Gas reservation? Not possible unless the states do it, says expert
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The federal government is negotiating with its crossbenchers to reserve gas for domestic use, but one experienced hand says this may not actually be possible.
The federal government is considering implementing a gas reservation policy, similar to one proposed by Labor three years ago, with the Centre Alliance crossbench in order to get its $158bn worth of tax cuts through, according to the AFR newspaper.
The Labor version proposed a national interest test to any new or expanded gas projects that would be assessed by an independent body in the style of the Foreign Investment Review Board. That body would then recommend if or how much gas should be reserved for the local market.
But EnergyQuest boss and long time oil and gas consultant Graeme Bethune says the federal government doesn’t have any powers in relation to onshore resources.
That is all in the hands of the states.
The federal government’s powers are limited to environmental approvals and offshore exploration and production permits, he told Stockhead.
Resources minister Matt Canavan said this morning the government would “take any action necessary that’s reasonable” to bring down east coast gas prices, but refrained from saying how.
“I’ve said previously that we do need to consider in the future when new gas is developed how we make sure that Australian gas developed here in Australia benefits Australian jobs,” he said during a doorstop interview.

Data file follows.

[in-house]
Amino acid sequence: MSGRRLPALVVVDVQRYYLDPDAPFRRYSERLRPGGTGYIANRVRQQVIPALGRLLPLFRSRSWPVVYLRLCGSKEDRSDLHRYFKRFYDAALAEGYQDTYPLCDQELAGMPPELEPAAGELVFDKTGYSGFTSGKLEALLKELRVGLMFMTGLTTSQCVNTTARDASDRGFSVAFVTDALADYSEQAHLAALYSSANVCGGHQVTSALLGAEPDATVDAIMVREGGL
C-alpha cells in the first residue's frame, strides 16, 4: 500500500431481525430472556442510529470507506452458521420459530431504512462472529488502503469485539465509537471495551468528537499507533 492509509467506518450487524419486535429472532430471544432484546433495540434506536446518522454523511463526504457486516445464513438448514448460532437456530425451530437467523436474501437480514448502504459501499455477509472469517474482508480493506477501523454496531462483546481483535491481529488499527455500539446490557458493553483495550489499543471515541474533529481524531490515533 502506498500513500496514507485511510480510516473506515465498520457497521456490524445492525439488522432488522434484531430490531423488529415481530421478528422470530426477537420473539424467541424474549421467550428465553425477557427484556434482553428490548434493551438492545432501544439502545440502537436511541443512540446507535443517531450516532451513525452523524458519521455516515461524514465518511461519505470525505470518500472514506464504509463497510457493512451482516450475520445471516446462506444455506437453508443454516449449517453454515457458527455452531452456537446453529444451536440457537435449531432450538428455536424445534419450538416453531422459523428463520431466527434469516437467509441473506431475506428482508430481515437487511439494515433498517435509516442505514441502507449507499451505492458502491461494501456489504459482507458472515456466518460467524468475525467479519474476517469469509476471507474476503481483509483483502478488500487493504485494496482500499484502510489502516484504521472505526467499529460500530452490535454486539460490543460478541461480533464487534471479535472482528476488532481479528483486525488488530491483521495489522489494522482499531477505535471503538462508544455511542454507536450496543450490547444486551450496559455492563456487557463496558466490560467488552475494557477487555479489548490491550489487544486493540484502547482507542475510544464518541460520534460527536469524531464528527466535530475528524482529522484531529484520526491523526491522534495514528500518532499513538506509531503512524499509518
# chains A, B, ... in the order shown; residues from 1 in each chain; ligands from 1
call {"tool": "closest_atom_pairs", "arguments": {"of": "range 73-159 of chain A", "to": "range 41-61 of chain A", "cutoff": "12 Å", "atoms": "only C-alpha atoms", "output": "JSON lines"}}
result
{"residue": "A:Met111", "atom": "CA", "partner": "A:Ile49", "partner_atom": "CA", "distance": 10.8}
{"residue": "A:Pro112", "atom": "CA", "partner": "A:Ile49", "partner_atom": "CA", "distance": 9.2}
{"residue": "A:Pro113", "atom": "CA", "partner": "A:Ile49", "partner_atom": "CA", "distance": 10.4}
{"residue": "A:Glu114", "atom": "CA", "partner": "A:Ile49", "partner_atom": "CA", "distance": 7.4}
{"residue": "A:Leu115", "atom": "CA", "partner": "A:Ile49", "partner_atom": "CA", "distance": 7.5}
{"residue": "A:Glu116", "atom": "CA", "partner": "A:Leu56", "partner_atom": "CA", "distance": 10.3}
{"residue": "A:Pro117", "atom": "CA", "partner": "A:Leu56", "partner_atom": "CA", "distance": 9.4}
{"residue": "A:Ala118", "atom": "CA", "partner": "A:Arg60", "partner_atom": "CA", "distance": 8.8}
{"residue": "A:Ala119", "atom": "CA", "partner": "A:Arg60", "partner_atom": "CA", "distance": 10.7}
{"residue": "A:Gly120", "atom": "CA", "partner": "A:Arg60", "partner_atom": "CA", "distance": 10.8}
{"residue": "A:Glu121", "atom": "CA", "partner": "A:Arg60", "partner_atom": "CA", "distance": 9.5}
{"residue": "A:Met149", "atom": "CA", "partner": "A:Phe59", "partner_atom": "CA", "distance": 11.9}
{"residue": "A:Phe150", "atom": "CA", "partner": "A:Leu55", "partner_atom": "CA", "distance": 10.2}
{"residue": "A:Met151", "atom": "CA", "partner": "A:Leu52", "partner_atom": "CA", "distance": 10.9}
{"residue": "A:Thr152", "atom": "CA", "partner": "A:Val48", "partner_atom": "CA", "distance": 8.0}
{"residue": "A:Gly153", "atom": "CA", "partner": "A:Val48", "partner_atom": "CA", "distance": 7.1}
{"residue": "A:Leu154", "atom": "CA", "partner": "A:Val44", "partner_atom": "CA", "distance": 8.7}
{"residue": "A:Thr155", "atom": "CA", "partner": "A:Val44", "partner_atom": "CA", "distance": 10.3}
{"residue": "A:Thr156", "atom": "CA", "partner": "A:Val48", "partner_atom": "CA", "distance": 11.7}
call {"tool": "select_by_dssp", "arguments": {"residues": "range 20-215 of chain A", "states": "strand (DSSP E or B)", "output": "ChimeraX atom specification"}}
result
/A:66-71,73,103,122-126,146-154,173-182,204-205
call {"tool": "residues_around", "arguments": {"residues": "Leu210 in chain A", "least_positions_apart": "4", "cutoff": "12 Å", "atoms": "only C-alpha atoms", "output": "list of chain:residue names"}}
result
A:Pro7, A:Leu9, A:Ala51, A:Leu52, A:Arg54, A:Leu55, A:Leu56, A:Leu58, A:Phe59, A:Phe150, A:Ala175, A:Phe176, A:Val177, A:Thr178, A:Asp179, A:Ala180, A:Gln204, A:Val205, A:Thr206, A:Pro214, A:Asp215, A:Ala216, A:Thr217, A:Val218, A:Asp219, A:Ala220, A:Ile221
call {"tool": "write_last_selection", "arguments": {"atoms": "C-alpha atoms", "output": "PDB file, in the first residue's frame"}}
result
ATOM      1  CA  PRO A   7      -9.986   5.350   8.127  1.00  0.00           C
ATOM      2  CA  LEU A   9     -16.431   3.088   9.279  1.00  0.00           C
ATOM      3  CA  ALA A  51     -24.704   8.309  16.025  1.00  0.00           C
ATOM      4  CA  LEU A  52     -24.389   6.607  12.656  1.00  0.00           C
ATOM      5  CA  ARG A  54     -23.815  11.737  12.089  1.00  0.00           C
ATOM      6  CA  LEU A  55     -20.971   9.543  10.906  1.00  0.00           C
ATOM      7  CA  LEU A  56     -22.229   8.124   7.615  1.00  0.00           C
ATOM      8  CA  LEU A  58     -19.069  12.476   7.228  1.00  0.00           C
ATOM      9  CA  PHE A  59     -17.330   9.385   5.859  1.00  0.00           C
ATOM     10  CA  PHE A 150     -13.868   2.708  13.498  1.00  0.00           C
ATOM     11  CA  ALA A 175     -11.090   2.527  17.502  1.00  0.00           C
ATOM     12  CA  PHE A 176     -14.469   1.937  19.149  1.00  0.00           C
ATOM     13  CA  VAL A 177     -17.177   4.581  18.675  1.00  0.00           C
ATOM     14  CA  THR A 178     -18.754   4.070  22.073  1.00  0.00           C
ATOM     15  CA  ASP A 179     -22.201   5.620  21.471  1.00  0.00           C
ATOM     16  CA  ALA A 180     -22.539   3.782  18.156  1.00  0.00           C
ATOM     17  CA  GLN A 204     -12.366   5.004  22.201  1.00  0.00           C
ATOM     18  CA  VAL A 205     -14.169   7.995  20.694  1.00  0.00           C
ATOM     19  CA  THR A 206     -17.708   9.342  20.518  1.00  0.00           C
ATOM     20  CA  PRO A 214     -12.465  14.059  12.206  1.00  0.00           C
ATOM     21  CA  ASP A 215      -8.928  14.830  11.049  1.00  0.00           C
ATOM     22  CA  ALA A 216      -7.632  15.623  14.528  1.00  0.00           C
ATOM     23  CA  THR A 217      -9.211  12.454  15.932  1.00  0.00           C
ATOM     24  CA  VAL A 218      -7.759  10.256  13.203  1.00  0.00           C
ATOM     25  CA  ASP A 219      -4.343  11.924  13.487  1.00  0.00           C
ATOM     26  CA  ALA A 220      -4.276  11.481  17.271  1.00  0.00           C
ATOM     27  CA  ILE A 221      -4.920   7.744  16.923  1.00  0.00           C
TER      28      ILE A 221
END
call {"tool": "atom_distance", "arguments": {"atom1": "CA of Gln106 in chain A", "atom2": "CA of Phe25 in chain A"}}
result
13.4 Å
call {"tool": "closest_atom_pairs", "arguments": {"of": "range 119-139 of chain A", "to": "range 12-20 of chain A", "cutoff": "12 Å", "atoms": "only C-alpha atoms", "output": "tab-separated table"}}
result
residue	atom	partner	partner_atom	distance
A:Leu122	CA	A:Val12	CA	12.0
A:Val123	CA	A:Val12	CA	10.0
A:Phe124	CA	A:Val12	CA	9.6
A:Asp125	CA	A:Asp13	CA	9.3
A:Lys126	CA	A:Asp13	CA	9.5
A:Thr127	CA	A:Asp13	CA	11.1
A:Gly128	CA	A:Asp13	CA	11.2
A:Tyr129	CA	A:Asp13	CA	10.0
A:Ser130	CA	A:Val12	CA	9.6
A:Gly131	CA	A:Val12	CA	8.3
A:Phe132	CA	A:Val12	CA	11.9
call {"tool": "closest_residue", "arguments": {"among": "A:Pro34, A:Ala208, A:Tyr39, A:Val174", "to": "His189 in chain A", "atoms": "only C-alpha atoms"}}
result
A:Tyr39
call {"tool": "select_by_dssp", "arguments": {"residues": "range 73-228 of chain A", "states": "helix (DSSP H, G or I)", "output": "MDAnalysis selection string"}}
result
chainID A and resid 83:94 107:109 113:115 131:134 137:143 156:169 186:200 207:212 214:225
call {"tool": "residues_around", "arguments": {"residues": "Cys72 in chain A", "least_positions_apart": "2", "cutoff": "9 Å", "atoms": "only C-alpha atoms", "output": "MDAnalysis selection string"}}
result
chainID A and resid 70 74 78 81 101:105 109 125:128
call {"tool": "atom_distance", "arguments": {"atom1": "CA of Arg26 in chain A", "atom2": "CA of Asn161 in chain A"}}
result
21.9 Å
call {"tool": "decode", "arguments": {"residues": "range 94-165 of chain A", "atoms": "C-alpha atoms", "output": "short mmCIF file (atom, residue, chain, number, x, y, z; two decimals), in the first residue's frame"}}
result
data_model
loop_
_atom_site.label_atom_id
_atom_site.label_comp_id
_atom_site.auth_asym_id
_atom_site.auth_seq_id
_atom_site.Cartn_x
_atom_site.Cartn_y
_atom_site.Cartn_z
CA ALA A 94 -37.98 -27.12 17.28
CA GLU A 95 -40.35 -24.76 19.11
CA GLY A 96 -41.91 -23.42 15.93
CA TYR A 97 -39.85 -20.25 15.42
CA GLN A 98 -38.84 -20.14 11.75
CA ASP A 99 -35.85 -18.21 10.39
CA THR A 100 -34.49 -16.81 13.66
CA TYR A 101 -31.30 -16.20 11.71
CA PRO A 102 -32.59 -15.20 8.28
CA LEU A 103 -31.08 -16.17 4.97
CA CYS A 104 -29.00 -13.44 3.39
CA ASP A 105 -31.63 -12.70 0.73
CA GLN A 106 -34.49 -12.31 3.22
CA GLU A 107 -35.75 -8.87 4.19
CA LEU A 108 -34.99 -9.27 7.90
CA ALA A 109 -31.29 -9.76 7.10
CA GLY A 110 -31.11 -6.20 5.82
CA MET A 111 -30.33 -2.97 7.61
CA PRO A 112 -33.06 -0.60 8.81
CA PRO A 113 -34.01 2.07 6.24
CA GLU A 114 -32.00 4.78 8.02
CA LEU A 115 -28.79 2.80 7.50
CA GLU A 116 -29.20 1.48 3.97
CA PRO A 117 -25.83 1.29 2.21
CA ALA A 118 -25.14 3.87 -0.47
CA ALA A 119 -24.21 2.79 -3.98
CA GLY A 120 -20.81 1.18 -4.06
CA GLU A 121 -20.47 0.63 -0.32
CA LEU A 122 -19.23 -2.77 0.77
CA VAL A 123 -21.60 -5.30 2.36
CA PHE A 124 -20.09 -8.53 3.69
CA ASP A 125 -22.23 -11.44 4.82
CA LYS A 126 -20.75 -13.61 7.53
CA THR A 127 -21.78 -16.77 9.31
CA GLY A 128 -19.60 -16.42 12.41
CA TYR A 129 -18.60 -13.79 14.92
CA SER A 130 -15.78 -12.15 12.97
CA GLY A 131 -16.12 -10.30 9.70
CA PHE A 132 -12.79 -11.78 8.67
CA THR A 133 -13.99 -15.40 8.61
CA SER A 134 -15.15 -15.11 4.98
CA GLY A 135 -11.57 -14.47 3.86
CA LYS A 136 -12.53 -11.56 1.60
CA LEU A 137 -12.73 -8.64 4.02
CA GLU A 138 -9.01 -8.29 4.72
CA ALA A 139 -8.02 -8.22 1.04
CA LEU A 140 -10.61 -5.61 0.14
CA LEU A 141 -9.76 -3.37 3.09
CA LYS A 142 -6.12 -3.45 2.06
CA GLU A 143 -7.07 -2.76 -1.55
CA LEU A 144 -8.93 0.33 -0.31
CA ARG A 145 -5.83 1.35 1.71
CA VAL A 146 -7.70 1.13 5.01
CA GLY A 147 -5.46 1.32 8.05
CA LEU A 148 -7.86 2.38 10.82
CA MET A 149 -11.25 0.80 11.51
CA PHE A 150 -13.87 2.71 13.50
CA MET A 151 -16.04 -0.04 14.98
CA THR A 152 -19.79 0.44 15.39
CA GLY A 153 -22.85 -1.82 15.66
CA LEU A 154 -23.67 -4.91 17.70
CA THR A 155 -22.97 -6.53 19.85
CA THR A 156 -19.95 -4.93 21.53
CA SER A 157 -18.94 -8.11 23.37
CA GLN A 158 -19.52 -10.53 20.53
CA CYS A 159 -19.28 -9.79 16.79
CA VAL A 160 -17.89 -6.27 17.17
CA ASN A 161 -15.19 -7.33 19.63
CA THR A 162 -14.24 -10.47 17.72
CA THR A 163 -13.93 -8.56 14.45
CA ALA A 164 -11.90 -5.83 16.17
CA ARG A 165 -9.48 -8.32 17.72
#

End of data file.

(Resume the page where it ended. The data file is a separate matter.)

They are also looking at changing the Domestic Gas Security Mechanism to force the east coast LNG producers to divert more gas into the domestic market.
The only method for gas reservation will be via agreements with the states.
Canavan said they signed an MoU in November last year with the Northern Territory confirming that any gas from the highly speculative Beetaloo shale gas fields will include Darwin in any gas development, although it did not specifically mention gas reservation.
Queensland already has a gas reservation policy, which has meant some new exploration and production permits are limited only to supplying the domestic market.
Winners of these tenders have been the small and mid-tier players in east coast gas, as the acreages involved tend to be small. About a quarter of the 39,000 km2 of land released for gas exploration since 2015 has been guaranteed for Australian buyers, and seven domestic-only tenders have been awarded. Another tender is underway now, which includes 1000 km2 for domestic use only.
Armour Energy (ASX:AJQ) was awarded a total of 775 km2 in the Surat Basin, one in November specifically designated for local supply and this month more acreage near Chinchilla which has even tighter conditions: any production must be sold to gas users in the manufacturing sector.
Central Petroleum (ASX:CTP) has 77 km2 near Miles and Senex (ASX:SXY) have also won Queensland domestic tenders in the last year totalling 211 km2.
Western Australia “clarified” its 15 per cent gas reservation policy in 2012, after the big LNG export projects sent prices up to $10 a gigajoule (GJ), Frontier Economics energy economist Andrew Harpham recently told Stockhead.
Prices in the west are now around $5-6/GJ.
“The West Australian system has worked, it has delivered large investments in projects alongside significant amounts of gas for domestic gas in West Australia,” Canavan said.
He added that any application in the east would necessarily be different to that used by WA.